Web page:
That's the fear.

    Quote Originally Posted by Grok View Post
    It helps not being an insecure idiot.
    Look who's talking.

    What really helps is sticking to facts.

  77. #77
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    LOL! Relax guys... we're all on the same team. =)

    So it's been two months... and I'm a shade under 142 lbs. I've been doing a more targeted ketogenic diet (meaning taking carbs before a ride) but I think I'm going to start trying to go even without that now. I'm also intrigued by the idea of taking exogenous ketones to keep myself in a ketogenic state (although it seems like cheating... lol!). Admittedly, I've been a bit more lax lately and may be going in and out of ketosis (although I make a point of "trying" to fast intermittently).

    Overall, I feel pretty good. Energy level is stable, hunger pangs are very moderate, and of course, a bit leaner (I had my % body fat measured and it's at %16 now... I know, it could be better... lol!).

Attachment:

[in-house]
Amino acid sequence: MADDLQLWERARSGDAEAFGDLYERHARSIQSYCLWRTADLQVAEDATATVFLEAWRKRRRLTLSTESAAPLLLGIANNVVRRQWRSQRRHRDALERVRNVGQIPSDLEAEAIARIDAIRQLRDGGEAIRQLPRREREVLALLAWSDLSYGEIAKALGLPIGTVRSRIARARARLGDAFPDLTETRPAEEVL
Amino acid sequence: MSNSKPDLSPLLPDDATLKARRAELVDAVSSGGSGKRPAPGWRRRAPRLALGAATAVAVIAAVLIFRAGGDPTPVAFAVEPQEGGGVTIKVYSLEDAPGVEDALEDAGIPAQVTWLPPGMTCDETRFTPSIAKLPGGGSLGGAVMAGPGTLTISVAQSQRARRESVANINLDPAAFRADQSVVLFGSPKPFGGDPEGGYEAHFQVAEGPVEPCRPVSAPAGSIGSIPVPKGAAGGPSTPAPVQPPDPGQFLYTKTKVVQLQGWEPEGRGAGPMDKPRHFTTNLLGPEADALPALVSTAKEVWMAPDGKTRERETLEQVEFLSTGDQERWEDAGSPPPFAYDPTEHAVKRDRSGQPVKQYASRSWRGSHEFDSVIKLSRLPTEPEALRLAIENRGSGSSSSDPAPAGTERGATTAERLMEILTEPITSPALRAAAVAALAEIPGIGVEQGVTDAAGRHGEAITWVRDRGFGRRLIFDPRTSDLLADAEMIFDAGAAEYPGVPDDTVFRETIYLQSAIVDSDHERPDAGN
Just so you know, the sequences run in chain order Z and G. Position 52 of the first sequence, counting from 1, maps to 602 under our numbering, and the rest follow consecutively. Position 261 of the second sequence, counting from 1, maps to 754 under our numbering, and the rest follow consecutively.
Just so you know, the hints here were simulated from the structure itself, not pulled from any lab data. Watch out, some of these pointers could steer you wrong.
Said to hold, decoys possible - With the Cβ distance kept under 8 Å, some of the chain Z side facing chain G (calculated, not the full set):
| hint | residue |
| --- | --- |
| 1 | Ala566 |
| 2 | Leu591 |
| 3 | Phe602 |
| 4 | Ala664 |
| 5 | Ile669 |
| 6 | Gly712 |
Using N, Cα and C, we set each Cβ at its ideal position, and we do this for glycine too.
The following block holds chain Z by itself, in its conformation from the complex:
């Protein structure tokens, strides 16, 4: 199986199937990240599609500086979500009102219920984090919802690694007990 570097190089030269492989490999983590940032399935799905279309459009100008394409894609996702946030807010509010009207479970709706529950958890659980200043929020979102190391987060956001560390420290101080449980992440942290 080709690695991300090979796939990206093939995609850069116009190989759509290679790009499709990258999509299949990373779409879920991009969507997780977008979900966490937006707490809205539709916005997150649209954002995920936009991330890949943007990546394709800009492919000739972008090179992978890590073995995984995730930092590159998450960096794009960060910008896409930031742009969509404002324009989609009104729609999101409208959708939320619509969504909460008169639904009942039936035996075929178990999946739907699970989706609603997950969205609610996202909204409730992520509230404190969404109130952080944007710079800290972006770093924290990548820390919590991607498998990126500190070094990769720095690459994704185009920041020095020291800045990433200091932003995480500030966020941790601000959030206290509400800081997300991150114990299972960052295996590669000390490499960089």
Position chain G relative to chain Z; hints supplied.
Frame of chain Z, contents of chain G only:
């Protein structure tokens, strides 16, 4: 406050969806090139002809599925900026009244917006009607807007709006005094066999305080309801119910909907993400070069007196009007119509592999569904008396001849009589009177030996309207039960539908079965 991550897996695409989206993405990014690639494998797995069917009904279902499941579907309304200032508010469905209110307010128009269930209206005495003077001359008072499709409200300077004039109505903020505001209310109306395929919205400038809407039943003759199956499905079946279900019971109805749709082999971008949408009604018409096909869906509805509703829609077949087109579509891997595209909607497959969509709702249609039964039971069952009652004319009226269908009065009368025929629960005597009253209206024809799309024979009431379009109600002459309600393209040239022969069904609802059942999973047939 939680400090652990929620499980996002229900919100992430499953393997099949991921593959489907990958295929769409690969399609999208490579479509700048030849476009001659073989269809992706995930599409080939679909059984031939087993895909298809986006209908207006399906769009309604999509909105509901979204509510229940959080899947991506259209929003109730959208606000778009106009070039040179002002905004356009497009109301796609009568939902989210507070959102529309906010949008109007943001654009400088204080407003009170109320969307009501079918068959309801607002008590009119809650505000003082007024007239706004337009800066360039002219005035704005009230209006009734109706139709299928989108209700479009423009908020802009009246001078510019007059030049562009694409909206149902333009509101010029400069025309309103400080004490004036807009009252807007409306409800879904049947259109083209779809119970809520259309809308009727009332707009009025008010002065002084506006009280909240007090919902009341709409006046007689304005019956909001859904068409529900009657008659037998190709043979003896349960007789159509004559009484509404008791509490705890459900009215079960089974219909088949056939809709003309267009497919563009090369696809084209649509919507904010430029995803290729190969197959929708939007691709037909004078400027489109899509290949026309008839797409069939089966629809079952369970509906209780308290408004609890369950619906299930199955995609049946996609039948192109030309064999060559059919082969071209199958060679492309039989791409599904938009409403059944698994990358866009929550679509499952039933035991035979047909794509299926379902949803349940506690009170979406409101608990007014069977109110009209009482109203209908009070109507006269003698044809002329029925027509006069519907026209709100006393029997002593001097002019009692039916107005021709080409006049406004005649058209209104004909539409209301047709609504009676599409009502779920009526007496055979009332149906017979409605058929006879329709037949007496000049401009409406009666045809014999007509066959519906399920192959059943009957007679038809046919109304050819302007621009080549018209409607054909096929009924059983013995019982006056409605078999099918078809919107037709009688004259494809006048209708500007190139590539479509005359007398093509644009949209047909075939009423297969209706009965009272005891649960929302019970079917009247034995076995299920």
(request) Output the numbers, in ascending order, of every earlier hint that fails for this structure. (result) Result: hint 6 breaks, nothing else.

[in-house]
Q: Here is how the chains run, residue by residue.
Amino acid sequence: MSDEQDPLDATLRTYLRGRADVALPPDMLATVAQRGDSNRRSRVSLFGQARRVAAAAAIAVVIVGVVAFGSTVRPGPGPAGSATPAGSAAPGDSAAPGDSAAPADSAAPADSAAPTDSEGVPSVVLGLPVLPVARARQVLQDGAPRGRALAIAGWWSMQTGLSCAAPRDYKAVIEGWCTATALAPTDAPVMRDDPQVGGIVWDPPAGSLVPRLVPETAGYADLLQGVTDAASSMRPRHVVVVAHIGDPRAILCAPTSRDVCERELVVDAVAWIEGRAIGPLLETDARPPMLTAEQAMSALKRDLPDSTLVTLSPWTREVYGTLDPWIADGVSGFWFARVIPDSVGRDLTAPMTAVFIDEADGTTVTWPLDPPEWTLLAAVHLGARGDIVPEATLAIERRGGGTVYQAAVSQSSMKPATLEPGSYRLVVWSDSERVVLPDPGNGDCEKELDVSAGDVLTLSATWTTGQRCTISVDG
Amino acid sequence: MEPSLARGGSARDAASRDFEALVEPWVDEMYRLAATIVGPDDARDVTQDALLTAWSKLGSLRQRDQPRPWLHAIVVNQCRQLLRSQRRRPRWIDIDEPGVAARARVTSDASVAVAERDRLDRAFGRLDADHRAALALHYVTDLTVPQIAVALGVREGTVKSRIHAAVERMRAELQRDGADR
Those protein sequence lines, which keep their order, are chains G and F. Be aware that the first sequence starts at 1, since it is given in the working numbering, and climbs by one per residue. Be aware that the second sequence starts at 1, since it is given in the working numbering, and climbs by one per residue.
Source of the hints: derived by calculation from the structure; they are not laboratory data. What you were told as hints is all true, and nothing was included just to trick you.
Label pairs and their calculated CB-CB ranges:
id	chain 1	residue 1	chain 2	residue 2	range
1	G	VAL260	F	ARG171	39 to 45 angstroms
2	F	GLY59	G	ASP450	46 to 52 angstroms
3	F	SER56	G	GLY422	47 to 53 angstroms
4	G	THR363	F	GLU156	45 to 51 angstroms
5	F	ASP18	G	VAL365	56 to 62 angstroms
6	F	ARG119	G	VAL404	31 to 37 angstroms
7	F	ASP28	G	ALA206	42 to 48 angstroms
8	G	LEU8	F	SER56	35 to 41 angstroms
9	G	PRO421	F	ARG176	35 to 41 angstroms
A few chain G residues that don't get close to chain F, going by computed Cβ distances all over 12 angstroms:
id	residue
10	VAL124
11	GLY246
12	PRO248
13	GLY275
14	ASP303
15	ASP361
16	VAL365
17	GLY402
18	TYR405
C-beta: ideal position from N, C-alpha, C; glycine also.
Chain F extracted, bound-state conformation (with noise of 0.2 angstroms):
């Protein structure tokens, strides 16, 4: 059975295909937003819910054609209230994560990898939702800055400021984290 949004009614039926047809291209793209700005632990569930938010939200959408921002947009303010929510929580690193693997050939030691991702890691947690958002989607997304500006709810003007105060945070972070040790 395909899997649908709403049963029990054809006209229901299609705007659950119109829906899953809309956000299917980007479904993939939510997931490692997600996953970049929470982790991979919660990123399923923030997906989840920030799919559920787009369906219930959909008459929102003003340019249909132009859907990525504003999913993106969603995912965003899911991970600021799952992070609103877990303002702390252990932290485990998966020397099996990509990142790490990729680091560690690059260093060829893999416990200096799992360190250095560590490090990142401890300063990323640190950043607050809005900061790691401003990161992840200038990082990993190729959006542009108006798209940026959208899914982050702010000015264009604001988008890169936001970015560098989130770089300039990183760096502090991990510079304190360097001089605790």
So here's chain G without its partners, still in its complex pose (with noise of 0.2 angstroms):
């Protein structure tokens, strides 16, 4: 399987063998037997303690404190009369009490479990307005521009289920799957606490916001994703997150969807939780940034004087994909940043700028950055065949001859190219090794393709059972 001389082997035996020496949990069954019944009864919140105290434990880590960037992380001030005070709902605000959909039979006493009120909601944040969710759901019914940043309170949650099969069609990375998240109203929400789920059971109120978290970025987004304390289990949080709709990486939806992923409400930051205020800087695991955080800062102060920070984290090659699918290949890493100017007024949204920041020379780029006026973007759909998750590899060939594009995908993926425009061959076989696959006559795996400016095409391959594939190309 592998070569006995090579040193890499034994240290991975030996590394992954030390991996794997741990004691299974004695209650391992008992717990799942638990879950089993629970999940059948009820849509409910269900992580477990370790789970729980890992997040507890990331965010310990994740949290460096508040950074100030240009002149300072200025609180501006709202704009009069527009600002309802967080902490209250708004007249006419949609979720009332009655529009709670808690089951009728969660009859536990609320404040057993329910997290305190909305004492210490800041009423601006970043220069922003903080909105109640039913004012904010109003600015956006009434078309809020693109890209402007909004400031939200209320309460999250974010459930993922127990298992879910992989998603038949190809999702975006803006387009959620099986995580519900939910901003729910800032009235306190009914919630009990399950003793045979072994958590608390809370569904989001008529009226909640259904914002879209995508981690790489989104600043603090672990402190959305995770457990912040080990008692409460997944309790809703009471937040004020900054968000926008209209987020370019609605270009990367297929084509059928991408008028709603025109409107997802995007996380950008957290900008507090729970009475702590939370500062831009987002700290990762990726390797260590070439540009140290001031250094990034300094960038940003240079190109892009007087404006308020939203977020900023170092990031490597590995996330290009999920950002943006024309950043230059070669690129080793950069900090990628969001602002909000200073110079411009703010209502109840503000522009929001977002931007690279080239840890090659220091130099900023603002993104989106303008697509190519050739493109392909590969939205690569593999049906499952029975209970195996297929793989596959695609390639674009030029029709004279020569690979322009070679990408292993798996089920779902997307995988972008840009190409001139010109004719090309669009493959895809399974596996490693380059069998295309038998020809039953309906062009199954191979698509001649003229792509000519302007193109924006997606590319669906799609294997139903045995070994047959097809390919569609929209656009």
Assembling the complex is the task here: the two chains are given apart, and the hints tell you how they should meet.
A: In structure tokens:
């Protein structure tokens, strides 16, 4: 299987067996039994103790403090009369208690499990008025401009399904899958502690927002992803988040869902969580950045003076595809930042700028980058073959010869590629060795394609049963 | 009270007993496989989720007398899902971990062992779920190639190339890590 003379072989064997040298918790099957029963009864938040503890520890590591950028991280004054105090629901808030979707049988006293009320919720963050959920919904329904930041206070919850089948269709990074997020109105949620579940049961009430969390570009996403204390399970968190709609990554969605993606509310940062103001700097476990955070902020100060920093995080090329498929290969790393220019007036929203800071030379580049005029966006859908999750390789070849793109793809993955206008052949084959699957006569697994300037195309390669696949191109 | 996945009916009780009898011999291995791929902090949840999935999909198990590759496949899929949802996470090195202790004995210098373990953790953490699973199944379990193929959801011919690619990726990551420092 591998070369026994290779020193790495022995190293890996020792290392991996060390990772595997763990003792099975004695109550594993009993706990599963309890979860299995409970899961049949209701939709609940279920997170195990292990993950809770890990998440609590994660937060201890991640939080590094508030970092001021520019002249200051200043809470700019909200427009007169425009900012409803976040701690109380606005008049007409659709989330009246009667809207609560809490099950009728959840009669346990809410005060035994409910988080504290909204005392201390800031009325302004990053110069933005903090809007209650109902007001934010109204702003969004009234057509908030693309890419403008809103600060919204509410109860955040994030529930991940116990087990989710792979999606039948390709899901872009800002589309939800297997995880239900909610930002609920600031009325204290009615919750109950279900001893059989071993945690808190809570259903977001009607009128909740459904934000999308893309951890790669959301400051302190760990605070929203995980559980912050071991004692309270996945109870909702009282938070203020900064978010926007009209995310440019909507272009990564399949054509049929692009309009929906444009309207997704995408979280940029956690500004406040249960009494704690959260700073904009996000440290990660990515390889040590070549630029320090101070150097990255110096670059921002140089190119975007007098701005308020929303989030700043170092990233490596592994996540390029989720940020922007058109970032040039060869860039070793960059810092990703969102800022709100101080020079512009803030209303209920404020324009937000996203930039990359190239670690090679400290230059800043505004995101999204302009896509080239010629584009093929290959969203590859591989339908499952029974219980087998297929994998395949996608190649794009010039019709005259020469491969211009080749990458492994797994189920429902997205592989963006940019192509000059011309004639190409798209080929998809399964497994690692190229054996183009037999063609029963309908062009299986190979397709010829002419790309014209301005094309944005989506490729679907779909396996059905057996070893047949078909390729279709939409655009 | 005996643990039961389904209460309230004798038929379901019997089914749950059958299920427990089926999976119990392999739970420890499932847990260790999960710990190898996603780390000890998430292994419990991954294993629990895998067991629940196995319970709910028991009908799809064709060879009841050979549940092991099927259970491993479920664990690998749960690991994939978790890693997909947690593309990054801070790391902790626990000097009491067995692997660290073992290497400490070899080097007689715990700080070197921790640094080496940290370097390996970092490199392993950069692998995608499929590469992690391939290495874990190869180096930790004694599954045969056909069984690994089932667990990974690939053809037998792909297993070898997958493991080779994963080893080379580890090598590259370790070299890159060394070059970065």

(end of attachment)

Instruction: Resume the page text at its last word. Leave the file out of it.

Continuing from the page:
Thanks again for all the info here... I'm all into this lifestyle change. =)

  78. #78
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    Any updates?
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    I've been doing Keto for about 2 months now. And feeling good. Don't feel starved. I'm down a little under 2 stone. Riding power is still good. And meals are great. Don't miss breads pastas or rice at all.


    Sent from my iPhone using Tapatalk

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    Ps. What do people take on rides?? As snacks and fuel.


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    Update? I was on a month-long vacation so that was the end of that. LOL!

    I gained a few pounds since I went back on an unrestricted diet, but when I got back from vacation last week, I started drastically decreasing my carb intake (about 4 lbs of water weight automatically shed). Not on full keto yet but will resume very soon.

    When I was strict keto, I snacked on boiled eggs, pork rinds or even fried pork belly (you buy them at the Mexican stores) on the trail.